Updated: Sep 7, 2020
Before learning about the Perfect tense with ÊTRE, you need to know the perfect tense with AVOIR. Click here to view.
Most verbs form their perfect tense with AVOIR, but there are two main groups of verbs which form their perfect tense with ÊTRE.
a selection of intransitive verbs
Intransitive verbs using ÊTRE as an auxiliary:
Intransitive verbs are usually verbs of being or motion that do not require an object to complete them (e.g: aller). There are 17 verbs to know in this category.
Below are two ways to remember and learn these verbs.
1. DR. MRS. P. VANDERTRAMP
This mnemonic gives you the first letter of each verb using ÊTRE as an auxiliary in the perfect tense.
2. La maison d'être
This mnemonic is more visual and might work better for you.
Below is a table giving you the past participle of these verbs:
Je suis tombé. I fell/ I have fallen.
Il est parti. He left/ he has left.
When a verb takes ÊTRE in the perfect tense, the past participle ALWAYS agrees with the subject. This means that the ending of the past participle changes depending on who is doing the action.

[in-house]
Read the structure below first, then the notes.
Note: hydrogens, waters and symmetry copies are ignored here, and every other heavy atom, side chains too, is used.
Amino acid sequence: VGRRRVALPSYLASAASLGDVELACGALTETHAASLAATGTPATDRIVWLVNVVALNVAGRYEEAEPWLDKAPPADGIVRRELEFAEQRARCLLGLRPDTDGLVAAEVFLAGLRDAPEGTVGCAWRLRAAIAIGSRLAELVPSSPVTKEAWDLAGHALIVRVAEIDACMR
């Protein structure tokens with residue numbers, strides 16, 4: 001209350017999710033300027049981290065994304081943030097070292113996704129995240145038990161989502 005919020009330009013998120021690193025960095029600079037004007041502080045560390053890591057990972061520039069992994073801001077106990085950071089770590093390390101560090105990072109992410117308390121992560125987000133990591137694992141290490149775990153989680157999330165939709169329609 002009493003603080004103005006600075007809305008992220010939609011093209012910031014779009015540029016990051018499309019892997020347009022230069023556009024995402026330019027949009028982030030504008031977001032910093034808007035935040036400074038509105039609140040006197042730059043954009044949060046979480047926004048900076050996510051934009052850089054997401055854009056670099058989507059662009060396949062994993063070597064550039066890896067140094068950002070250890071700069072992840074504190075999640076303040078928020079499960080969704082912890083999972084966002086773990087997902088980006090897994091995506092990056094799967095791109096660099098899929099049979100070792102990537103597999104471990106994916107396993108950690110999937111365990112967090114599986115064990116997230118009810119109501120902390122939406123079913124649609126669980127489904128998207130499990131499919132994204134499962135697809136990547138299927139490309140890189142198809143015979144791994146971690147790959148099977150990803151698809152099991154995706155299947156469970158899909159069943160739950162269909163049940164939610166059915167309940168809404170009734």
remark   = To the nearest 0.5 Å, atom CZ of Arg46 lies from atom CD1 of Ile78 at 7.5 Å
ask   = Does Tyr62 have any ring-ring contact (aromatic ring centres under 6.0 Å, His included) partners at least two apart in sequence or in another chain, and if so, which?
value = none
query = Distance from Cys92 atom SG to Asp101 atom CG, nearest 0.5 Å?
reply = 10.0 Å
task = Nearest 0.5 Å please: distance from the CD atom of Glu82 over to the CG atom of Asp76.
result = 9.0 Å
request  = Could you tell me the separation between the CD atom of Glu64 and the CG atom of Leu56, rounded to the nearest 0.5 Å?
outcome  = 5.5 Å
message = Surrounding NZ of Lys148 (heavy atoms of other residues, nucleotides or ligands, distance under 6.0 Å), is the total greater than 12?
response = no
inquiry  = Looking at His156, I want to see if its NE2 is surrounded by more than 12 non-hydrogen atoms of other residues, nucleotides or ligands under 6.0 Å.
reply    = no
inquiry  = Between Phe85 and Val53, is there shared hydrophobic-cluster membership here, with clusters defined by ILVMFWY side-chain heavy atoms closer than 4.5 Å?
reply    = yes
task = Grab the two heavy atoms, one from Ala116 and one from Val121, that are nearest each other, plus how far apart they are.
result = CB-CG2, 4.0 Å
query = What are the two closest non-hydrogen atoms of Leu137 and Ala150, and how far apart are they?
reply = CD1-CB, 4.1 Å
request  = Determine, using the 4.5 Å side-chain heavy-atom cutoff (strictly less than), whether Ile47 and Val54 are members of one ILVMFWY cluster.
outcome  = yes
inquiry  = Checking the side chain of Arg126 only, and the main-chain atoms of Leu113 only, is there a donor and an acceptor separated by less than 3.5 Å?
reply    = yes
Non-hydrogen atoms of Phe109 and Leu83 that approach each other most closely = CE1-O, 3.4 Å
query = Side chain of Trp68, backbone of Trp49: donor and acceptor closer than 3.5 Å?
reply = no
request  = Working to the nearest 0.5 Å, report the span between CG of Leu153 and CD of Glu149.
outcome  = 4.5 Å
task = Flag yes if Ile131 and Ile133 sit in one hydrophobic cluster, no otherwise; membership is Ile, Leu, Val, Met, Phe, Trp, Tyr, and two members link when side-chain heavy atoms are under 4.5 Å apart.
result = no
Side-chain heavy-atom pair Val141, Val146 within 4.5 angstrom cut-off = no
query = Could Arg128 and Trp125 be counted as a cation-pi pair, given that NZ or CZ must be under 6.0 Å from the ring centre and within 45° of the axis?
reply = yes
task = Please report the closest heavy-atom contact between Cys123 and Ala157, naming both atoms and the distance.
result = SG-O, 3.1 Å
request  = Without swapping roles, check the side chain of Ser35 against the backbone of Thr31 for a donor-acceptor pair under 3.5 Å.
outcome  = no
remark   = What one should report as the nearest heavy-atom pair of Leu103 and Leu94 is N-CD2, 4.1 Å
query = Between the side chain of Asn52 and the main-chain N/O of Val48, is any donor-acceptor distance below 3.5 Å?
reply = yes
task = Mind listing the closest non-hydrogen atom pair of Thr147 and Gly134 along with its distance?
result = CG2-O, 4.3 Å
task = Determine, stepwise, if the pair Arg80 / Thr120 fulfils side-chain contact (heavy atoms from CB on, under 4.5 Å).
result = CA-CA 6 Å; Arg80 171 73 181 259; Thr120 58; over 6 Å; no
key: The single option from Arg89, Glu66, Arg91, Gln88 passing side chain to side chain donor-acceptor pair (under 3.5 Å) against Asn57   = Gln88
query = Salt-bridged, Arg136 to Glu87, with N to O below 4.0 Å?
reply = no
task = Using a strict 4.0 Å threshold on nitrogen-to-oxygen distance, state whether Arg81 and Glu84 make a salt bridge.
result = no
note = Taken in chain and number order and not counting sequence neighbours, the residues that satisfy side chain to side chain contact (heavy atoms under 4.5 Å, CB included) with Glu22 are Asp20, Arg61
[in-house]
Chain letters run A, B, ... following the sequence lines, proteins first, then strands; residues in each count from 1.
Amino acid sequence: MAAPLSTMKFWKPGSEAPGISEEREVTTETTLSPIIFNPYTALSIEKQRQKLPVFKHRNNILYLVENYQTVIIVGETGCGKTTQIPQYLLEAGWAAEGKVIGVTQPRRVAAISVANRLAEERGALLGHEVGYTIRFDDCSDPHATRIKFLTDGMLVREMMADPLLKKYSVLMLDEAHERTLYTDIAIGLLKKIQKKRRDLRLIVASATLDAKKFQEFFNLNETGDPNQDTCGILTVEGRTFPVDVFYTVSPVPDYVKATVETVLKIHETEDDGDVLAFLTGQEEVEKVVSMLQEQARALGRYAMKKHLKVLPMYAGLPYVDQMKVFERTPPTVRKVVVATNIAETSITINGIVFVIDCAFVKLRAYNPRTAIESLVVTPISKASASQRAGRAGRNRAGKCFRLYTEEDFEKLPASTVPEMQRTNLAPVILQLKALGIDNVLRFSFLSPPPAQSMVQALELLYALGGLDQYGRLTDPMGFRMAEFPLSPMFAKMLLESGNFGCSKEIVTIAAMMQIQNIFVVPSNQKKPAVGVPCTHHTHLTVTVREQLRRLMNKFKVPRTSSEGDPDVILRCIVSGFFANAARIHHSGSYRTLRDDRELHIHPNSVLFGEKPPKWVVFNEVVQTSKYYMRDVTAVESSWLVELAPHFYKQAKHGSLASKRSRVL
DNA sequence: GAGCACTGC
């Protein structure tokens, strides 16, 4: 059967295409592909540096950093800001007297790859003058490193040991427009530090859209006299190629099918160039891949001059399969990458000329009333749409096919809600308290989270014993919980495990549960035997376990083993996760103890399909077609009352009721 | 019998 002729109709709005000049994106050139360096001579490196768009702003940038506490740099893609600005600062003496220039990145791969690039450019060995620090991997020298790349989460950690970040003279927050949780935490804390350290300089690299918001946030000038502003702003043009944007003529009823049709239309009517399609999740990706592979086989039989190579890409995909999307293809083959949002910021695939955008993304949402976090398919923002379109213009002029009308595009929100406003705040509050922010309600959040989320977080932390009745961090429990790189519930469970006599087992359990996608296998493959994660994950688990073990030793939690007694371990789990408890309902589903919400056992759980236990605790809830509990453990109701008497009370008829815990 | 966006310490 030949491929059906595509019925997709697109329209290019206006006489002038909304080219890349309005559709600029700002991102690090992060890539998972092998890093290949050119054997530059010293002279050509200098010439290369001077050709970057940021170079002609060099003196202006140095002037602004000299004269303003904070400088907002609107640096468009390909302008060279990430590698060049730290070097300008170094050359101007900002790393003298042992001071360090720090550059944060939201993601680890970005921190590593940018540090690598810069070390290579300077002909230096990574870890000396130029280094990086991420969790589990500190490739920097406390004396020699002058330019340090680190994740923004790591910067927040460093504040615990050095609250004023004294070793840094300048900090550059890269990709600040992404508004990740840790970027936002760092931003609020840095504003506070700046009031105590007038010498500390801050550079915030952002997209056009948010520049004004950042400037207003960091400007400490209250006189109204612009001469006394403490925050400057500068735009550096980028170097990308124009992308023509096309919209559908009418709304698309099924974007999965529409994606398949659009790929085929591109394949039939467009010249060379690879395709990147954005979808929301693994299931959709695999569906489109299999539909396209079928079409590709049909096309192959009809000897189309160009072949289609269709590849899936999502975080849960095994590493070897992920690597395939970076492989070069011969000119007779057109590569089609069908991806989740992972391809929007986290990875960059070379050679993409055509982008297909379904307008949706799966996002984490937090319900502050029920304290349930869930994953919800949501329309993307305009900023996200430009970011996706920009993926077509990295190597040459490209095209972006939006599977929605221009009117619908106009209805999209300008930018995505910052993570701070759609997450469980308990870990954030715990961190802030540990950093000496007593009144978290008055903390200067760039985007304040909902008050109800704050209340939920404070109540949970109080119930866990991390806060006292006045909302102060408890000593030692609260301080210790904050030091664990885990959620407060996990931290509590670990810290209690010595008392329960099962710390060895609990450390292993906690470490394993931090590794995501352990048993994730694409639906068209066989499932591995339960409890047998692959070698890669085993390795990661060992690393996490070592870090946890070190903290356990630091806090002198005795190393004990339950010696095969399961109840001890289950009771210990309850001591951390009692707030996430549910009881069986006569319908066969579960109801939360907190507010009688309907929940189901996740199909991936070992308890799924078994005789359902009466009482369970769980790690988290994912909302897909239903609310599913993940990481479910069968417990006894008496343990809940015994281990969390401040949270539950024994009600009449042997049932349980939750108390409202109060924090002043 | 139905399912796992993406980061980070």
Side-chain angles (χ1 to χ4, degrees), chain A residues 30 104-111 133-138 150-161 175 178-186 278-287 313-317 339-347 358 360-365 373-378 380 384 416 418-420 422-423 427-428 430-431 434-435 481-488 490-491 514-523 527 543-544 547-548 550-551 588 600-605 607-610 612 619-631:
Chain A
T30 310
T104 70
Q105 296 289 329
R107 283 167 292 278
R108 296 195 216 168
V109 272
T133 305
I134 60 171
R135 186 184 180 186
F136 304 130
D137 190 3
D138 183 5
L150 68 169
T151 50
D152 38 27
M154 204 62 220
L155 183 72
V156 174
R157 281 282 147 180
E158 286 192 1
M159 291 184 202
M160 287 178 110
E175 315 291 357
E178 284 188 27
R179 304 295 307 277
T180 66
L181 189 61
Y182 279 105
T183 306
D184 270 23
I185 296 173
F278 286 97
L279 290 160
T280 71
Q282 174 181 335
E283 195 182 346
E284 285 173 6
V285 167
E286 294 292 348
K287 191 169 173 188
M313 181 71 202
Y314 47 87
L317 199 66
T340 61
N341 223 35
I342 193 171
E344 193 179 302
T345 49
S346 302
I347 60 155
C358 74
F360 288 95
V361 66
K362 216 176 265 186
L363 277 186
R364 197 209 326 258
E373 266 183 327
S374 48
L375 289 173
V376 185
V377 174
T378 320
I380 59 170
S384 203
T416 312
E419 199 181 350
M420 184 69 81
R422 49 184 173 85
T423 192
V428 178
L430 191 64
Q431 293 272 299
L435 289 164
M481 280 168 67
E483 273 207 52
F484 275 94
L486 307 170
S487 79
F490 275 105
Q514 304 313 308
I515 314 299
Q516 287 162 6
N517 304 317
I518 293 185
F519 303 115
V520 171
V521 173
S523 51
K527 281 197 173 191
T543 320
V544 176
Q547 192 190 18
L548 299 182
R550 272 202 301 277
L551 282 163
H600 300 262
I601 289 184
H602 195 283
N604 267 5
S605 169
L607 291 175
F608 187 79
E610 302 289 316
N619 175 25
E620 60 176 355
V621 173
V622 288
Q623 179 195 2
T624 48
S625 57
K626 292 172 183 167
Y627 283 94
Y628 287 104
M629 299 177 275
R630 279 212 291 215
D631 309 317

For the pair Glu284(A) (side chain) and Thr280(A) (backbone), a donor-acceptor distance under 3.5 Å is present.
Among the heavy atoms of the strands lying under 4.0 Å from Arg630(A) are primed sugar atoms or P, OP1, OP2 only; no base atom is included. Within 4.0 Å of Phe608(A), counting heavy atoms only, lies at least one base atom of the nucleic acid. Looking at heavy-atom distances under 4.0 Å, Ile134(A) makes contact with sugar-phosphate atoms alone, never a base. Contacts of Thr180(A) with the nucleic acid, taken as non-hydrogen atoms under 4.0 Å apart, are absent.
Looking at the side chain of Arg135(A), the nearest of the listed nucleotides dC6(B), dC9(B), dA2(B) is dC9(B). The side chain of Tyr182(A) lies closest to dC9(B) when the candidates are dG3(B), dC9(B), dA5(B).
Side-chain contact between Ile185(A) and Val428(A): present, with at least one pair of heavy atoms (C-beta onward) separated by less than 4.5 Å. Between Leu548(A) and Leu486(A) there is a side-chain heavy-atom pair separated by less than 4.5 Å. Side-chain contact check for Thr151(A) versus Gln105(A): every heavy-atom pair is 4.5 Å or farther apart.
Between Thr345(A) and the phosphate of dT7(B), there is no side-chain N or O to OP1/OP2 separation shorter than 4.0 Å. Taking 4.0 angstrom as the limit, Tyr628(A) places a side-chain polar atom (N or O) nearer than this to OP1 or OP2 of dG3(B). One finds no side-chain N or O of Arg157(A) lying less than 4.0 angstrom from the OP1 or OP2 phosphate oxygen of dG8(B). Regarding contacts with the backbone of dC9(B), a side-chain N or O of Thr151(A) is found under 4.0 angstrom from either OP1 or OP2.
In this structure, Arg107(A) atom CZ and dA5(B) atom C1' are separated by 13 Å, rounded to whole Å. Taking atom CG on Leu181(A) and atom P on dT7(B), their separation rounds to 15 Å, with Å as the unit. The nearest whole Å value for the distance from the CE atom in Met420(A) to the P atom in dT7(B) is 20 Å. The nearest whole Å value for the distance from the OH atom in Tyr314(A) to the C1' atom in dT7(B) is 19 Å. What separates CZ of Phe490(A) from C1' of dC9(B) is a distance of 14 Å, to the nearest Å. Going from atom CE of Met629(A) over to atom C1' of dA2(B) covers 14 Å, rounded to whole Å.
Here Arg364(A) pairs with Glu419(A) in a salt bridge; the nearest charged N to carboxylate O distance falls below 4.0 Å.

For a feminine subject: add an -e
For a plural subject: add an -s
For a feminine plural subject: add -es
Elle est allée à la plage. She went to the beach.
Nous sommes arrivés tard. We arrived late.
Keep on reading to know something slightly more advanced or skip to reflexive verbs
Agreement when the subject is 'on':
-When the pronoun 'on' is used and refers to people in general, the past participle is left as a masculine singular form.
On est allé trop loin. People went too far.
-When the pronoun 'on' is used and refers to a specific group of people or we, the past participle can agree and changes to the plural feminine or plural masculine form.
On est allées à la piscine (ma sœur et moi). We went to the swimming-pool.
This type of agreement is often used in books, but native speakers might tell you that it is wrong to agree the past participle. To know more about the pronoun 'on', check <